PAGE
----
Texas Law is fortunate to be included in the Gallogly Family Foundation’s Public Interest Law Fellowship program, which provides opportunities for new lawyers to gain experience in public interest work and to improve access to legal services. Gallogly Fellows work with nonprofit organizations on a project providing direct civil legal services to underrepresented individuals, including those living in poverty or those deprived of their civil or human rights.
Kelsey Chapple ’16, and Marissa Latta ‘18, the first Texas Law students to participate in the program, recently completed two-year Gallogly Fellowships. Taylor Loynd ’19, is well into her second fellowship year.
Kelsey Chapple ‘16
Chapple worked with Bet Tzedek Legal Services in Los Angeles, providing direct representation, outreach, and education to female low-income workers. “During my fellowship, I helped Bet Tzedek expand its capacity to respond to discrimination, harassment, and retaliation abuses by developing trainings, creating screening tools, and managing a case load with an emphasis on those types of cases,” said Chapple. “In addition, in response to the COVID-19 crisis, I was able to help the team develop a weekly virtual clinic, expanding our capacity to address issues arising from the pandemic such as paid sick time abuses and unemployment insurance benefits cases, as well as create and distribute Know-Your-Rights presentations and materials to workers.”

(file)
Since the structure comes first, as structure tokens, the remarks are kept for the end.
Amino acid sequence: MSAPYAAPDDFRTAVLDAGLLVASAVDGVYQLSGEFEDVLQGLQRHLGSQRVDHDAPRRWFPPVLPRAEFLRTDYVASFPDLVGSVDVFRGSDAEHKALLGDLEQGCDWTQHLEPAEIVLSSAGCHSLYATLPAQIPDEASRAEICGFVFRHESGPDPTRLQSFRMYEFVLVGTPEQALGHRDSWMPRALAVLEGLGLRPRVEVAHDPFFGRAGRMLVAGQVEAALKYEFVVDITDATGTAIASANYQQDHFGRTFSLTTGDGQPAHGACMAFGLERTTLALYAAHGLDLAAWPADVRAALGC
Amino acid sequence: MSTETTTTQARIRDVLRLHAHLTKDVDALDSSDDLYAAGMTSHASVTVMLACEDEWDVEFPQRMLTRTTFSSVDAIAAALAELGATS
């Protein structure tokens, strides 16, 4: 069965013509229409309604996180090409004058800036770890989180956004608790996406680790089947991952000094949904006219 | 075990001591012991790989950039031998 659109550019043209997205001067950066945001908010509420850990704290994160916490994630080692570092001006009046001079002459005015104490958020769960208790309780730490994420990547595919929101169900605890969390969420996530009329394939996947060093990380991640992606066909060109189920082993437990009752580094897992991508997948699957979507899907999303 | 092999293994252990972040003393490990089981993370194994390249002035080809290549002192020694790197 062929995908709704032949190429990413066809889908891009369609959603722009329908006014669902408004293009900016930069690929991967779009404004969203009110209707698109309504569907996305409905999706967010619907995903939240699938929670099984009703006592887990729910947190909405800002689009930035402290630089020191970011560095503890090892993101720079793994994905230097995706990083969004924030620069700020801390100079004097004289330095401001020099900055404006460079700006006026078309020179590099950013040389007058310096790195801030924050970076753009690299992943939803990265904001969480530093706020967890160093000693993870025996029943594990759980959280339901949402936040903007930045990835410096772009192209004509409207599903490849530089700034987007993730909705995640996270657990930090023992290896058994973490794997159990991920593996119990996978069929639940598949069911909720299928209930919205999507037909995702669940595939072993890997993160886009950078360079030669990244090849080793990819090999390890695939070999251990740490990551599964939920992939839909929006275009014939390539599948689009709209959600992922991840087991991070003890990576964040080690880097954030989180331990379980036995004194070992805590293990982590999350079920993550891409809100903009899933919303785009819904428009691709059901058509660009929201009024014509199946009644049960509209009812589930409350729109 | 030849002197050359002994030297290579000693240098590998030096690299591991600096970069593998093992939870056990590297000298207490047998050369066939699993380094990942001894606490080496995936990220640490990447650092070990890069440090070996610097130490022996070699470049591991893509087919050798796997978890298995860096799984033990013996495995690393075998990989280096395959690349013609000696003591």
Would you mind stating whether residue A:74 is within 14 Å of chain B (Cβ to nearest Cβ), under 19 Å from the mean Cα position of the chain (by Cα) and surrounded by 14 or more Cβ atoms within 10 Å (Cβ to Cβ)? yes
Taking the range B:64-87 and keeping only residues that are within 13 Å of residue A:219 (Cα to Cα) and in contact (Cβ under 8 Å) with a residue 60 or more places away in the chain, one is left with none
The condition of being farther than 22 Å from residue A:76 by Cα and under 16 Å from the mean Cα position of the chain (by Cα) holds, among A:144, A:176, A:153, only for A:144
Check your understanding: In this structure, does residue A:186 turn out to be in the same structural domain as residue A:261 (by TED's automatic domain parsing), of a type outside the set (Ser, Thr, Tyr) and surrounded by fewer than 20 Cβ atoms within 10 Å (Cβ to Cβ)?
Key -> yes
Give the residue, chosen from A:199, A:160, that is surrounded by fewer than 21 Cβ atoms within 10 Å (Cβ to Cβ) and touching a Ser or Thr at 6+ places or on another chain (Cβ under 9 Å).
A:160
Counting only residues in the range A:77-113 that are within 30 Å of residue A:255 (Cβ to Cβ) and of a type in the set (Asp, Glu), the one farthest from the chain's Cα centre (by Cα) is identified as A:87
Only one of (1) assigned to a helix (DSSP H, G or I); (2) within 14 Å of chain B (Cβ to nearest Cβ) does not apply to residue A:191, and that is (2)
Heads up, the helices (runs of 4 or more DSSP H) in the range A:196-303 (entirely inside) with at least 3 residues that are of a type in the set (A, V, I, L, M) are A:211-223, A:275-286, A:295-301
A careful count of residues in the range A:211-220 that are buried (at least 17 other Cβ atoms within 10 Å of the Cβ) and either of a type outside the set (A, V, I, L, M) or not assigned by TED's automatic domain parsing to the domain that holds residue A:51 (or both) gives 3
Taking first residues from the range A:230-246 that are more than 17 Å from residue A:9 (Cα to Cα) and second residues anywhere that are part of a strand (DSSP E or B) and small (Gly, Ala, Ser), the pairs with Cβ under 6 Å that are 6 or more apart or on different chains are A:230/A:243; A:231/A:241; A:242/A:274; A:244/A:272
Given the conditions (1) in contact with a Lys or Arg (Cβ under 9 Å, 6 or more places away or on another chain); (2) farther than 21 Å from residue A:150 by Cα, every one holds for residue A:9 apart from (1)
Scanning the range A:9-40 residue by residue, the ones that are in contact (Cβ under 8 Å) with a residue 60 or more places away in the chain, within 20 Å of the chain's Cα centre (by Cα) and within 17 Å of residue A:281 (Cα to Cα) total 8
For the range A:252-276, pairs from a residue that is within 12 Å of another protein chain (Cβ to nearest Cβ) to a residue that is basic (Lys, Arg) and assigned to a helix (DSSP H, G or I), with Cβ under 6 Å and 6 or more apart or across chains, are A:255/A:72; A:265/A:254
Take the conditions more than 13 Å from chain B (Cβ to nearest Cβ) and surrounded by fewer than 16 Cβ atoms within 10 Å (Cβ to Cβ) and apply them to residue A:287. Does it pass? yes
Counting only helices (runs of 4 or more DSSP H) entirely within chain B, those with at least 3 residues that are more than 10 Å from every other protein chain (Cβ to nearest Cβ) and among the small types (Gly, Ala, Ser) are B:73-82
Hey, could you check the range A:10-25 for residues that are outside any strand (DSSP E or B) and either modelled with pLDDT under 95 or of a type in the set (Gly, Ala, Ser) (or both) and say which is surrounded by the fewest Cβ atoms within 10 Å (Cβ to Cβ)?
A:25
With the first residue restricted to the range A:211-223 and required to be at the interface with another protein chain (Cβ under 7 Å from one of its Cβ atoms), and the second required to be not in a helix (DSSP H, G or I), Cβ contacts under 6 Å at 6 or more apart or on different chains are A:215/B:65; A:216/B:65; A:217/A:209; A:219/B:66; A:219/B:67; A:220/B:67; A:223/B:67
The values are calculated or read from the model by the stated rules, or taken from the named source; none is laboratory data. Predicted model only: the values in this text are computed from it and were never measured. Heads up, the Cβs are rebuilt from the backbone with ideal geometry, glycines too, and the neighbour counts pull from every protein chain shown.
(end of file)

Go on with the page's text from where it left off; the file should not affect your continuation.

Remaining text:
Chapple will continue as a staff attorney with Bet Tzedek’s Employment Rights Project and credits the fellowship with helping her enter the field. “Before the fellowship, I had very limited experience in employment law, but the fellowship helped me gain the experience and perspective to understand the incredible impact enforcing employment rights can have in the lives of low-income workers, especially low-income women,” said Chapple. “I plan to continue doing this work for the foreseeable future.”
Chapple appreciated the Gallogly family’s support during her fellowship, particularly during the pandemic. “The Galloglys ask that all fellows provide a quarterly report, which became a great opportunity to take stock of my project’s impact project and the goals at every stage. They always responded with incredibly supportive and encouraging messages. In addition, when the pandemic hit, they checked in with the fellows to ask about our well-being,” said Chapple. “Though it was not originally part of my project proposal, the Galloglys never hesitated in their support for my work when I adapted to respond to the crisis. The Gallogly Fellowship was critical to Bet Tzedek’s ability to respond to the COVID-19 crisis and the devastating impact on the low-income workforce in Los Angeles County.”
Marissa Latta ‘18
Latta worked at Texas RioGrande Legal Aid in Austin, representing individuals who were denied apartments based on their criminal history. She helped clients appeal their denials and obtain housing for themselves and their families, which helped them achieve stability and a safe place to call their own. She was also able to have a broader impact through work with the Austin/Travis County Reentry Roundtable. “The Roundtable has been able to increase the protections for tenants and applicants in affordable housing developments that are funded through the City of Austin,” said Latta. “Thousands more tenants and applicants will benefit from these protections as a result of the Roundtable’s efforts, which I am proud to have been a part of through my fellowship.”